Self-expandable stents are increasingly being used by physicians because of their adaptability to a variety of different conditions and procedures. Self-expandable stents are usually made of shape memory materials or other elastic materials that act like a spring. Typical metals used in this type of stent include nitinol and 304 stainless steel. However, other materials may also be used. To facilitate stent implantation, self-expandable stents are normally installed on the end of a catheter in a low profile, compressed state. The stent is typically retained in the compressed state by inserting the stent into a sheath at the end of the catheter. The stent is then guided to the portion of the vessel to be treated. Once the catheter and stent are positioned adjacent the portion to be treated, the stent is released by pulling, or withdrawing, the sheath rearward. Normally, a step or other feature is provided on the catheter to prevent the stent from moving rearward with the sheath. After the stent is released from the retaining sheath, the stent radially springs outward to an expanded diameter until the stent contacts and presses against the vessel wall. Traditionally, self-expandable stents have been used in a number of peripheral arteries in the vascular system due to the shape memory characteristic of these stents. One advantage of self-expandable stents for peripheral arteries is that traumas from external sources do not permanently deform the stent. As a result, the stent may temporarily deform during unusually harsh traumas and spring back to its expanded state once the trauma is relieved. However, self-expandable stents may be used in many other applications as well.

The above-described examples are only some of the applications in which stents are used by physicians. Many other applications for stents are known and/or may be developed in the future.

SUMMARY

An intraluminal device is described. The intraluminal device may be a stent-graft or a stent or other intraluminal device. A structural member of the device has an abluminal surface to engage the wall of a body vessel. The structural member also has a luminal surface that faces toward the inner lumen of the body vessel. The structural member may include regions that are thinner and thicker relative to each other between the abluminal and luminal surfaces. This may improve axial flexibility of stents and stent-grafts. Additional details and advantages are described below in the detailed description.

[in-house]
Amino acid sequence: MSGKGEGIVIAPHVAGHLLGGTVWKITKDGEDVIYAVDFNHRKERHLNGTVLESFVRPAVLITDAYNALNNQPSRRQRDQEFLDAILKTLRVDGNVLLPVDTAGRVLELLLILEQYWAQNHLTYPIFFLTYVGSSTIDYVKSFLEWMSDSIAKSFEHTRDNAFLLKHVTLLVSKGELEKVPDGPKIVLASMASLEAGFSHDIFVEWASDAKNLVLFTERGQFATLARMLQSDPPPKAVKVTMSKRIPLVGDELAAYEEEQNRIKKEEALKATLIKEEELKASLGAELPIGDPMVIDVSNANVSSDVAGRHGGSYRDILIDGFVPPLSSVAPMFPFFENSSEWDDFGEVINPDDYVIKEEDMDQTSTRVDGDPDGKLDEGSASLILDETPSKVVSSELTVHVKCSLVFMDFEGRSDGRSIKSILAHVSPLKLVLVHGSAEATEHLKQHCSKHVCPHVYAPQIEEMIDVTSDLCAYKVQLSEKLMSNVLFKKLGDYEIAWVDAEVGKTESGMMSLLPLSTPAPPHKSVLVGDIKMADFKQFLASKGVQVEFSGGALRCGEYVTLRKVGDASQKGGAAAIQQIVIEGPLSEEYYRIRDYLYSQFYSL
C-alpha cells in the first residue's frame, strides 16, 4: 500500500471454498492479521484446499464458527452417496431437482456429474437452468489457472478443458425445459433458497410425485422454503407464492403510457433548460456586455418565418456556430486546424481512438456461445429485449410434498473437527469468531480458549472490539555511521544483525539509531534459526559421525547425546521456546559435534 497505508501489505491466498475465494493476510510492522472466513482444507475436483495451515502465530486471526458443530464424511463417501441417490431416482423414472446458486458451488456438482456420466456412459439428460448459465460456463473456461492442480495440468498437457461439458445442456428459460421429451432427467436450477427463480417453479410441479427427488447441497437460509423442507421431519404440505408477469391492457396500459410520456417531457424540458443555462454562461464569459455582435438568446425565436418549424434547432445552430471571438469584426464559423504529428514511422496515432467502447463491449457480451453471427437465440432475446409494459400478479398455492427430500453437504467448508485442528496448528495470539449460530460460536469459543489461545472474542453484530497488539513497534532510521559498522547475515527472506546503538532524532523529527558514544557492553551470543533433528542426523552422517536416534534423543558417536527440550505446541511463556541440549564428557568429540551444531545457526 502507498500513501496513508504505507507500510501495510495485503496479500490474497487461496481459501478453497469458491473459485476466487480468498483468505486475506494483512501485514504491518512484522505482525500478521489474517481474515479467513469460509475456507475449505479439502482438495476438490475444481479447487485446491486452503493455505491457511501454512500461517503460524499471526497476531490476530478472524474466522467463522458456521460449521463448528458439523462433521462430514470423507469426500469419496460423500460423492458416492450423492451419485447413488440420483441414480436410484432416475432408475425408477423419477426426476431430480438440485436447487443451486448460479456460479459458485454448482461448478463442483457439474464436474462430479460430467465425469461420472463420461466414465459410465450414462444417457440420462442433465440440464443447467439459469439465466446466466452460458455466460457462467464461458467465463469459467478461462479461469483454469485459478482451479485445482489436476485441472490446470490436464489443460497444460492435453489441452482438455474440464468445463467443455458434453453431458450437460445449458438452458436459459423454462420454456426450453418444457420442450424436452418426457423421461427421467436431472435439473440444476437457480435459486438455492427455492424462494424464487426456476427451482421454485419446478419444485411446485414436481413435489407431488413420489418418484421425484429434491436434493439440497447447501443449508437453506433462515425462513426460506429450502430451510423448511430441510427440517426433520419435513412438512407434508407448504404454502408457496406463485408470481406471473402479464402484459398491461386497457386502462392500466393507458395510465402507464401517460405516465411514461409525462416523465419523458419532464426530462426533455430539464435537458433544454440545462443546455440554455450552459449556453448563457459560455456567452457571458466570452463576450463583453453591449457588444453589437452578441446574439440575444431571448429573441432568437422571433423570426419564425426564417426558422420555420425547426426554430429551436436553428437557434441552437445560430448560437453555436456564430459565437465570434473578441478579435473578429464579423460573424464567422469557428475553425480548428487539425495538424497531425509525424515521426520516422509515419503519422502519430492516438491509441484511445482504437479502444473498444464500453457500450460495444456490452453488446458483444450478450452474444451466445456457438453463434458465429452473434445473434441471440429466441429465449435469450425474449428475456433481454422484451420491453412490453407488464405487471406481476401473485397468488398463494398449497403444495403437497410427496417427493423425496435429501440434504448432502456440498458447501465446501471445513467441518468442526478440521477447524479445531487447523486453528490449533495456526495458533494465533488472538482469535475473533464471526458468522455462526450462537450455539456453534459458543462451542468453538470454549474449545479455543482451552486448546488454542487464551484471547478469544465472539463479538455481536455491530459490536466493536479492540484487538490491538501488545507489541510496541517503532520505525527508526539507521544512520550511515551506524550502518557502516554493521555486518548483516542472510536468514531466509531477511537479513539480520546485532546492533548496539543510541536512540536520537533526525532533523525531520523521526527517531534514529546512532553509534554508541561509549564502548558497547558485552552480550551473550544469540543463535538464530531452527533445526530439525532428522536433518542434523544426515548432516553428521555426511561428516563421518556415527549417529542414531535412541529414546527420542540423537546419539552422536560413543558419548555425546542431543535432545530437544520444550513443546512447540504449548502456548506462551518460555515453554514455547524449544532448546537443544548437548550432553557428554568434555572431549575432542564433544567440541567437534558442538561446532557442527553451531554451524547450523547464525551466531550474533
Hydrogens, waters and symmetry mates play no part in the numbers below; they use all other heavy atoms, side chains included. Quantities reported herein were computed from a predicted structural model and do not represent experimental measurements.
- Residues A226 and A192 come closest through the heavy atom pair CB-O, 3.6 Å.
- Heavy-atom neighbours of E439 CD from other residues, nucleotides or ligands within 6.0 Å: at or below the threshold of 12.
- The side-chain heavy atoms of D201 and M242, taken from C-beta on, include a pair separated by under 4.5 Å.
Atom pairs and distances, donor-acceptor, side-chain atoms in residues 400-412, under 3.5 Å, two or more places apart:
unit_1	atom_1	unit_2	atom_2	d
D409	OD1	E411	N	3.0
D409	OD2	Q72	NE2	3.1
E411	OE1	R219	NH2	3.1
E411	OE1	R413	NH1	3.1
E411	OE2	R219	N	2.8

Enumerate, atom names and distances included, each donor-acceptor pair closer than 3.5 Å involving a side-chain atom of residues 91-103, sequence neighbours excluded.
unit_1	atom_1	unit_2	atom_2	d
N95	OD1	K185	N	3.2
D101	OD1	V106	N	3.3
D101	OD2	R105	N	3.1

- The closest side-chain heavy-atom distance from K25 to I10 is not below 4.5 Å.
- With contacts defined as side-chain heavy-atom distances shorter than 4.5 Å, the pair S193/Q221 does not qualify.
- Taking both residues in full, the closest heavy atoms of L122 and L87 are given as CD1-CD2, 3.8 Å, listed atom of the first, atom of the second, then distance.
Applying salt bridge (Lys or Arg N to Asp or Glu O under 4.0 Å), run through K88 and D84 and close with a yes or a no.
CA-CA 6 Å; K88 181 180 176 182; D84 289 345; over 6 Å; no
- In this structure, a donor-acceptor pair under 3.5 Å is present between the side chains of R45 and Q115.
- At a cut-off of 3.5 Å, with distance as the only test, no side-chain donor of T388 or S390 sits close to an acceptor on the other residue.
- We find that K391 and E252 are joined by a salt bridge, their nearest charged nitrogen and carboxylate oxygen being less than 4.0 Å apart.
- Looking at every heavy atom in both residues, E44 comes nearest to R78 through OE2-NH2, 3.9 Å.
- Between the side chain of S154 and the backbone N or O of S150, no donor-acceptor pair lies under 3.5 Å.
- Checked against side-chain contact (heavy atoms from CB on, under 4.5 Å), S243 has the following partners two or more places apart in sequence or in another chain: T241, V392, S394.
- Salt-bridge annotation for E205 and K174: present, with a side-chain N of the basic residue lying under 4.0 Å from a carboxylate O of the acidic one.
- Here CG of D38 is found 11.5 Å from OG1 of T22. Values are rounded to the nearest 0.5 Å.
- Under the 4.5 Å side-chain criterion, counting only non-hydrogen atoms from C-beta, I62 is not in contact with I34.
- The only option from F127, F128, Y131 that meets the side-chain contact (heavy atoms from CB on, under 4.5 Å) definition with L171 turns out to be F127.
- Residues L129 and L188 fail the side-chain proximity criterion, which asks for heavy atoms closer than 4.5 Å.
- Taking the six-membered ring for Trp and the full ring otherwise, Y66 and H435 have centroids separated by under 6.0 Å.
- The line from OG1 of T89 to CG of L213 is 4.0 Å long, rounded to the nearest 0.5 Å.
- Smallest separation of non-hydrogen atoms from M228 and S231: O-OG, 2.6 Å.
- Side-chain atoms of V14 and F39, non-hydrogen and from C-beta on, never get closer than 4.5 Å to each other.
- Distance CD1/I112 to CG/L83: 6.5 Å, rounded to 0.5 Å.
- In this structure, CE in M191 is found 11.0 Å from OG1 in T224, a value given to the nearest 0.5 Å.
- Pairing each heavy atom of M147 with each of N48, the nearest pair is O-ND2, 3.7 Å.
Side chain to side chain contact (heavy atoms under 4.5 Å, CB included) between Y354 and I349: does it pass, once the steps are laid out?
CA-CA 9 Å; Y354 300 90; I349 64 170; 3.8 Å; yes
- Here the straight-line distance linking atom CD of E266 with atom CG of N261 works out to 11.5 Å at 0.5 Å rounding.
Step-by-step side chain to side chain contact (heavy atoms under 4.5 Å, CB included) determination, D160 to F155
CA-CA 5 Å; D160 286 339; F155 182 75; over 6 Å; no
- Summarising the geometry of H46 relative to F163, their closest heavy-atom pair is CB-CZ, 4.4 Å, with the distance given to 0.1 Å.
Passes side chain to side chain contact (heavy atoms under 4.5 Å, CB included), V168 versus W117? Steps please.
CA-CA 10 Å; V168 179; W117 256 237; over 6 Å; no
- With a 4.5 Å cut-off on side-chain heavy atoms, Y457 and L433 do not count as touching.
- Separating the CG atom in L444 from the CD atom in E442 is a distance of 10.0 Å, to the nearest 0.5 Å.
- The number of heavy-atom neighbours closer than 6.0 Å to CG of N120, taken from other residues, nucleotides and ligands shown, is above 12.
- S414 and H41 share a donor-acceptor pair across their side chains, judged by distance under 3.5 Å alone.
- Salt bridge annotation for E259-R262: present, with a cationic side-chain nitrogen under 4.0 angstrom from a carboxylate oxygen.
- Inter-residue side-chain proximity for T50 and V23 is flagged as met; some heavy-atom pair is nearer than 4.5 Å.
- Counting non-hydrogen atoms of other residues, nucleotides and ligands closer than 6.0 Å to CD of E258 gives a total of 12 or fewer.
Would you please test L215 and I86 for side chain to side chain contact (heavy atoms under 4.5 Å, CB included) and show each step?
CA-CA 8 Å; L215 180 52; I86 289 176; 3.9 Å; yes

The invention may include any of the following aspects in various combinations and may also include any other aspect described below in the written description or in the attached drawings.

A intraluminal device, comprising:

a structural member adapted to engage a wall of a body lumen, the structural member comprising a length comprising an abluminal surface facing radially outward and a luminal surface facing radially inward;

a first region of the structural member along the length comprising a first thickness between the abluminal surface and the luminal surface;

a second region of the structural member along the length adjacent the first region comprising a second thickness between the abluminal surface and the luminal surface, the second region being disposed proximal to the first region; and

a third region of the structural member along the length adjacent the second region comprising a third thickness between the abluminal surface and the luminal surface, the third region being disposed proximal to the second region;

wherein the second region is disposed between the first region and the third region and the second thickness is thinner than the first thickness and the third thickness.

The intraluminal device, wherein the structural member forms a portion of a stent, the structural member wrapping around a circumference of the stent, the length of the structural member being angled relative to a longitudinal axis of the stent.

The intraluminal device, further comprising a graft layer attached to the stent.

The intraluminal device, wherein the structural member comprises a first ring structure, and further comprising a second ring structure separated from the first ring structure, the first ring structure and the second ring structure each being attached to the graft layer.

The intraluminal device, wherein the first ring structure is disposed at a distal end of the stent.

The intraluminal device, wherein the second ring structure is disposed proximal from the first ring segment, the second ring structure having a substantially uniform thickness.

The intraluminal device, wherein the structural member is disposed at a distal end of the intraluminal device.